Made another trip to the Pinal Mountains on Saturday and this time I was joined by Bernie Howe, another avid birder and great photographer. Wanted to see what might be occurring there at this time of year, hoping some of the migrants might still be passing through and they were. On Friday the east valley in the Mesa area was hit with some very heavy rains and the Pinal Mountains also received some decent rains, so we were really not sure what we might find. There were places where the road up the mountains had been flooded with lots of water coming down the canyons and going was a bit slower than normal, but we were still able to make it to the top and back in my Chevy Impala. We did not spend too much time in the lower elevations, but instead concentrated more about where the pines start on the way up. It did not take long to find a spot that was high in bird activity. The first birds to catch our attention and caused us to make a stop was a pair of Hairy Woodpeckers. I was able to capture a photo of the female, but the male eluded me. While Bernie was about 20 yards further away on the road he was capturing photos of a female Black-headed Grosbeak, but my spot was visited by Bridled Titmouse, Painted Redstart, and a Cassin's Vireo. Only managed to get photos of the redstart and the vireo.
We also had a White-breasted Nuthatch come in and it seemed to have no fear of us and let us get up close an personal with it and I came away with one of my best photos of this species. They do have some nice color to the rump area which is not always seen very well. It had found a morsel of food on that pine tree trunk and just did not want to vacate the spot on the tree.
White-breasted Nuthatch with morsel
After the birds dispersed from this area we travelled up the road a bit further to place where past rains had really washed across the road and we found another hot spot of bird activity. Had about 6 Acorn Woodpeckers in the area and found a Black-throated Gray Warbler, a Western Tanager and some Yellow-eyed Juncos. I believe the Juncos were a new life bird for Bernie, so it was nice to find some and had one give a couple of poses for us. There is no mistaking that yellow eye.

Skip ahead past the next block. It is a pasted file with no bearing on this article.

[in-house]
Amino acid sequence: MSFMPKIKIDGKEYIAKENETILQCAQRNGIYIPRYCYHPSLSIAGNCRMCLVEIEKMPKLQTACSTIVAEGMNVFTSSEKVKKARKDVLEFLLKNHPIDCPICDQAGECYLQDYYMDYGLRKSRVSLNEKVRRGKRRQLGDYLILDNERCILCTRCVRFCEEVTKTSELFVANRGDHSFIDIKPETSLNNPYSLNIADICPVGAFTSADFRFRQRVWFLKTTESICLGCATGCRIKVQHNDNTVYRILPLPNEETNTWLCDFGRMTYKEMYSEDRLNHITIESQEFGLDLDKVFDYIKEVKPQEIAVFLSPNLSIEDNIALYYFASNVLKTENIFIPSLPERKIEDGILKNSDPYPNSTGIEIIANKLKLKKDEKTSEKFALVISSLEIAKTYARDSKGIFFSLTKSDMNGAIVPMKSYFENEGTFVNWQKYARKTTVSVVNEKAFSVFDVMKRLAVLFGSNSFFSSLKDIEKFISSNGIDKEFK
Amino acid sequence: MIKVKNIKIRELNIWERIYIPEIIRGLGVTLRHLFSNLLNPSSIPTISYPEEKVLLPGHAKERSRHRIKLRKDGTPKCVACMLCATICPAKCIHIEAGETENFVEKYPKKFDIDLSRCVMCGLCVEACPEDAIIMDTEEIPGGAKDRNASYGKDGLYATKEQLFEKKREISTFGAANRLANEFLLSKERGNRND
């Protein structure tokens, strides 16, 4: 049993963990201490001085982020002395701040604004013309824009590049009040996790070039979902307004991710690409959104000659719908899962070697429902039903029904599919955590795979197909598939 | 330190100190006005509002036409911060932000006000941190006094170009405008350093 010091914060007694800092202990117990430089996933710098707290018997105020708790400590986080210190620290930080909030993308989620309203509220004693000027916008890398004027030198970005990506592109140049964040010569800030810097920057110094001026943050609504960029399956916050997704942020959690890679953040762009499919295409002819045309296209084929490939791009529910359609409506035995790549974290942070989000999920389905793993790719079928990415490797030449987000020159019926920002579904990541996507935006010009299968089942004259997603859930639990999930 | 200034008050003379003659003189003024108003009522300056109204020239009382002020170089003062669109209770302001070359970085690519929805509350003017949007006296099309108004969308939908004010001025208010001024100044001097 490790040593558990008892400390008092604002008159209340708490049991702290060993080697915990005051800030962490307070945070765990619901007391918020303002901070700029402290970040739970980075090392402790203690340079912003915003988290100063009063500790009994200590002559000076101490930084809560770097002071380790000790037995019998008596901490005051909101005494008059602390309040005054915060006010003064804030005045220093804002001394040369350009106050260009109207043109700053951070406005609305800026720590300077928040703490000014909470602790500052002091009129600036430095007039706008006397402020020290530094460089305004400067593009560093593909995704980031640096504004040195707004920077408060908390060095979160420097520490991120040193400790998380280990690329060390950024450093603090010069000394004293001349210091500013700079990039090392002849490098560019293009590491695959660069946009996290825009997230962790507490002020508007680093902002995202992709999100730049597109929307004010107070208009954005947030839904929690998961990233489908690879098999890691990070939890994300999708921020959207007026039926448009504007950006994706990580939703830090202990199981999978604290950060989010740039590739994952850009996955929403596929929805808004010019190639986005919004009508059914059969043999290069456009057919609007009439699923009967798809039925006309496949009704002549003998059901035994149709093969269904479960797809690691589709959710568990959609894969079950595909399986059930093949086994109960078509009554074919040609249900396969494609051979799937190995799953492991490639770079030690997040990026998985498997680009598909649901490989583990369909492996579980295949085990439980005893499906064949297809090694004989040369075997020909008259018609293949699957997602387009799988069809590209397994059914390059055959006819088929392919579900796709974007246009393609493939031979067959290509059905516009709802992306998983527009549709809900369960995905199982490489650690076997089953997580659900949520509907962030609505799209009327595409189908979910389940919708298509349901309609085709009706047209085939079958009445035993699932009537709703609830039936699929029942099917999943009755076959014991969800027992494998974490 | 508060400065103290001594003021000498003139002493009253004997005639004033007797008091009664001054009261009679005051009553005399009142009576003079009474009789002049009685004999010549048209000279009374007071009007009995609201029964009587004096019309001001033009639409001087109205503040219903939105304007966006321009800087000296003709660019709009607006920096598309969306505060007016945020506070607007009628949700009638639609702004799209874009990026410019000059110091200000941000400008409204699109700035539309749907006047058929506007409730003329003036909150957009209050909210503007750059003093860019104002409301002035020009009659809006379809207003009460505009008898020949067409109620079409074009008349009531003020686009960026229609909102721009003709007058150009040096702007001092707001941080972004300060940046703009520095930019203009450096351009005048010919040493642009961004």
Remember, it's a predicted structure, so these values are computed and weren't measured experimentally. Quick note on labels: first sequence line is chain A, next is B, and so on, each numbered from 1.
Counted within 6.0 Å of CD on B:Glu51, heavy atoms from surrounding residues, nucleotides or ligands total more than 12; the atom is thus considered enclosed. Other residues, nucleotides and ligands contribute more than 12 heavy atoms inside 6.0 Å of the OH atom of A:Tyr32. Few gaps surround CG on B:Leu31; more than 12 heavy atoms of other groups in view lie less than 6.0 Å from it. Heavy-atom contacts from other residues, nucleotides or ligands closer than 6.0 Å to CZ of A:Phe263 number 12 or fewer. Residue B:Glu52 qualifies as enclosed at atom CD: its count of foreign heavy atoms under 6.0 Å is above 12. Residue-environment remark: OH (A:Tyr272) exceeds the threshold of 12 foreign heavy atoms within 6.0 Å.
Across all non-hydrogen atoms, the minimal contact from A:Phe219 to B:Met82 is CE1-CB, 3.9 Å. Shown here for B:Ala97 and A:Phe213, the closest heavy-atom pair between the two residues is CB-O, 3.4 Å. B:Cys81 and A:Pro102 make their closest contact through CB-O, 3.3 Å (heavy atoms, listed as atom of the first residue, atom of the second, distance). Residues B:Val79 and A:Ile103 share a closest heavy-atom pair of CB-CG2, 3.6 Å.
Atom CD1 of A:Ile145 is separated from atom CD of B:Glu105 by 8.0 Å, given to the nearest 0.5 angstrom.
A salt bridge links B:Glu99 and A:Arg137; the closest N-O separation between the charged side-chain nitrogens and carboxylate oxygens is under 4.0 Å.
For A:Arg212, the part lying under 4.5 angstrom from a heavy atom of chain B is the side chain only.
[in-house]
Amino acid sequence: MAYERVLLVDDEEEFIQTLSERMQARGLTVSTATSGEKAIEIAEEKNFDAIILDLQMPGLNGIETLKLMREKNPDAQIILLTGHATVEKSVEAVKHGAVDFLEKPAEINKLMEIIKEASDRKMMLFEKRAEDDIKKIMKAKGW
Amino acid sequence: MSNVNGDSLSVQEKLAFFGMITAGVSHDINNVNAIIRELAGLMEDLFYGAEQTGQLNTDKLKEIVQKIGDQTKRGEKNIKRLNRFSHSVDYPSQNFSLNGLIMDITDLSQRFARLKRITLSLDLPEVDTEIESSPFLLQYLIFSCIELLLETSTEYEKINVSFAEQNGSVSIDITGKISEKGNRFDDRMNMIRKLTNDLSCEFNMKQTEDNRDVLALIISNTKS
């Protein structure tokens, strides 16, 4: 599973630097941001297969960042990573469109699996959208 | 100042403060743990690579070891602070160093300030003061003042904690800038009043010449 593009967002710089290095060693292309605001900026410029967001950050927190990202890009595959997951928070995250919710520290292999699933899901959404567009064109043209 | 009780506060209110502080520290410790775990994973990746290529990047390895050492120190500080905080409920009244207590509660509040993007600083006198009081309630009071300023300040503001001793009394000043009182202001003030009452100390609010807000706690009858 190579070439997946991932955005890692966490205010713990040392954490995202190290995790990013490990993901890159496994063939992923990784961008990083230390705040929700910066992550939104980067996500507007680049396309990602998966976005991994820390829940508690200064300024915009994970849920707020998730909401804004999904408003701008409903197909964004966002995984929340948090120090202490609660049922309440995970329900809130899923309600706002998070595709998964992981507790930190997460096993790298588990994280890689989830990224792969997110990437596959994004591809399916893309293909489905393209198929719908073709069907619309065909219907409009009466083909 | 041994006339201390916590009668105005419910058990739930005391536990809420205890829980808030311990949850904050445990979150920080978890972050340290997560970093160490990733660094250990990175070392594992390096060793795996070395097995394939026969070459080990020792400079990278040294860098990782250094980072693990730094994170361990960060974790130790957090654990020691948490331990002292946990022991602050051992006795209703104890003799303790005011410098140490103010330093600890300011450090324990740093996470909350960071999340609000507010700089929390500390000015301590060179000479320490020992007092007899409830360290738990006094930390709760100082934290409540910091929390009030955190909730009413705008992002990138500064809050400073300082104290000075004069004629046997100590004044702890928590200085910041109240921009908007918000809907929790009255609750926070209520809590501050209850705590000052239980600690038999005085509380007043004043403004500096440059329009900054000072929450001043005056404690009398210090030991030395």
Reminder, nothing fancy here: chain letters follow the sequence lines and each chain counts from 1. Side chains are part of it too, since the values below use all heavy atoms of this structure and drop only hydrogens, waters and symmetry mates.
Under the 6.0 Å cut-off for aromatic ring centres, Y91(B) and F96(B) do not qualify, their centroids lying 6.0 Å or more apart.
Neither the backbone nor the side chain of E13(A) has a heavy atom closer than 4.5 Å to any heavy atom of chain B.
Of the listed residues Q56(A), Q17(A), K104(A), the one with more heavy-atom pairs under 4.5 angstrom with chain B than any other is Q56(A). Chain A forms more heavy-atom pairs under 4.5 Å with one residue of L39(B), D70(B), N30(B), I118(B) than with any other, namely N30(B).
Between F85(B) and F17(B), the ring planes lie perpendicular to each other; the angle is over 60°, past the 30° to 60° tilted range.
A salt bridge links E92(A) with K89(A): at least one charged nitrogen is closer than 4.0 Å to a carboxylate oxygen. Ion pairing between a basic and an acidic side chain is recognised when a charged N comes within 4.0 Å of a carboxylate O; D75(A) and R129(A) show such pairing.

We continued further up into the mountain, all the while the skies were dark and gloomy and looked like rain at any time. When we got to where the road was exposed on the west side, the winds were very strong and we knew the birding in those conditions would not be too good. And of course some rain did start falling, but it was light rain. Once we crossed over to the eastern side where it was sheltered we again started finding some birds. Had a small flock of Band-tailed Pigeons fly overhead and found some more warblers, including some Yellow-rumped Warblers and a Hermit Warbler. I almost hate to post the photo of the Hermit Warbler, but decided to go ahead with it as it is not a bird we see real frequently in Arizona, only passing through on migration. The photo is a nice close-up of some pine needles, but that warbler is hiding behind them.
At the top the rain was coming down pretty good and the hummingbird feeders were very quiet and the clouds rolled in giving us fog on the mountain; a very eerie feeling. We made one more stop on the way down and I had a pair of Lesser Goldfinches come in close to check on me and the male was bolding showing off his vibrant colors.
It is always a treat to visit the Pinals, but when winter approaches it becomes a bit cold up there and snow can occur. Not sure what birding might be like up there in the winter, but maybe it might be worth a trip up there to find out.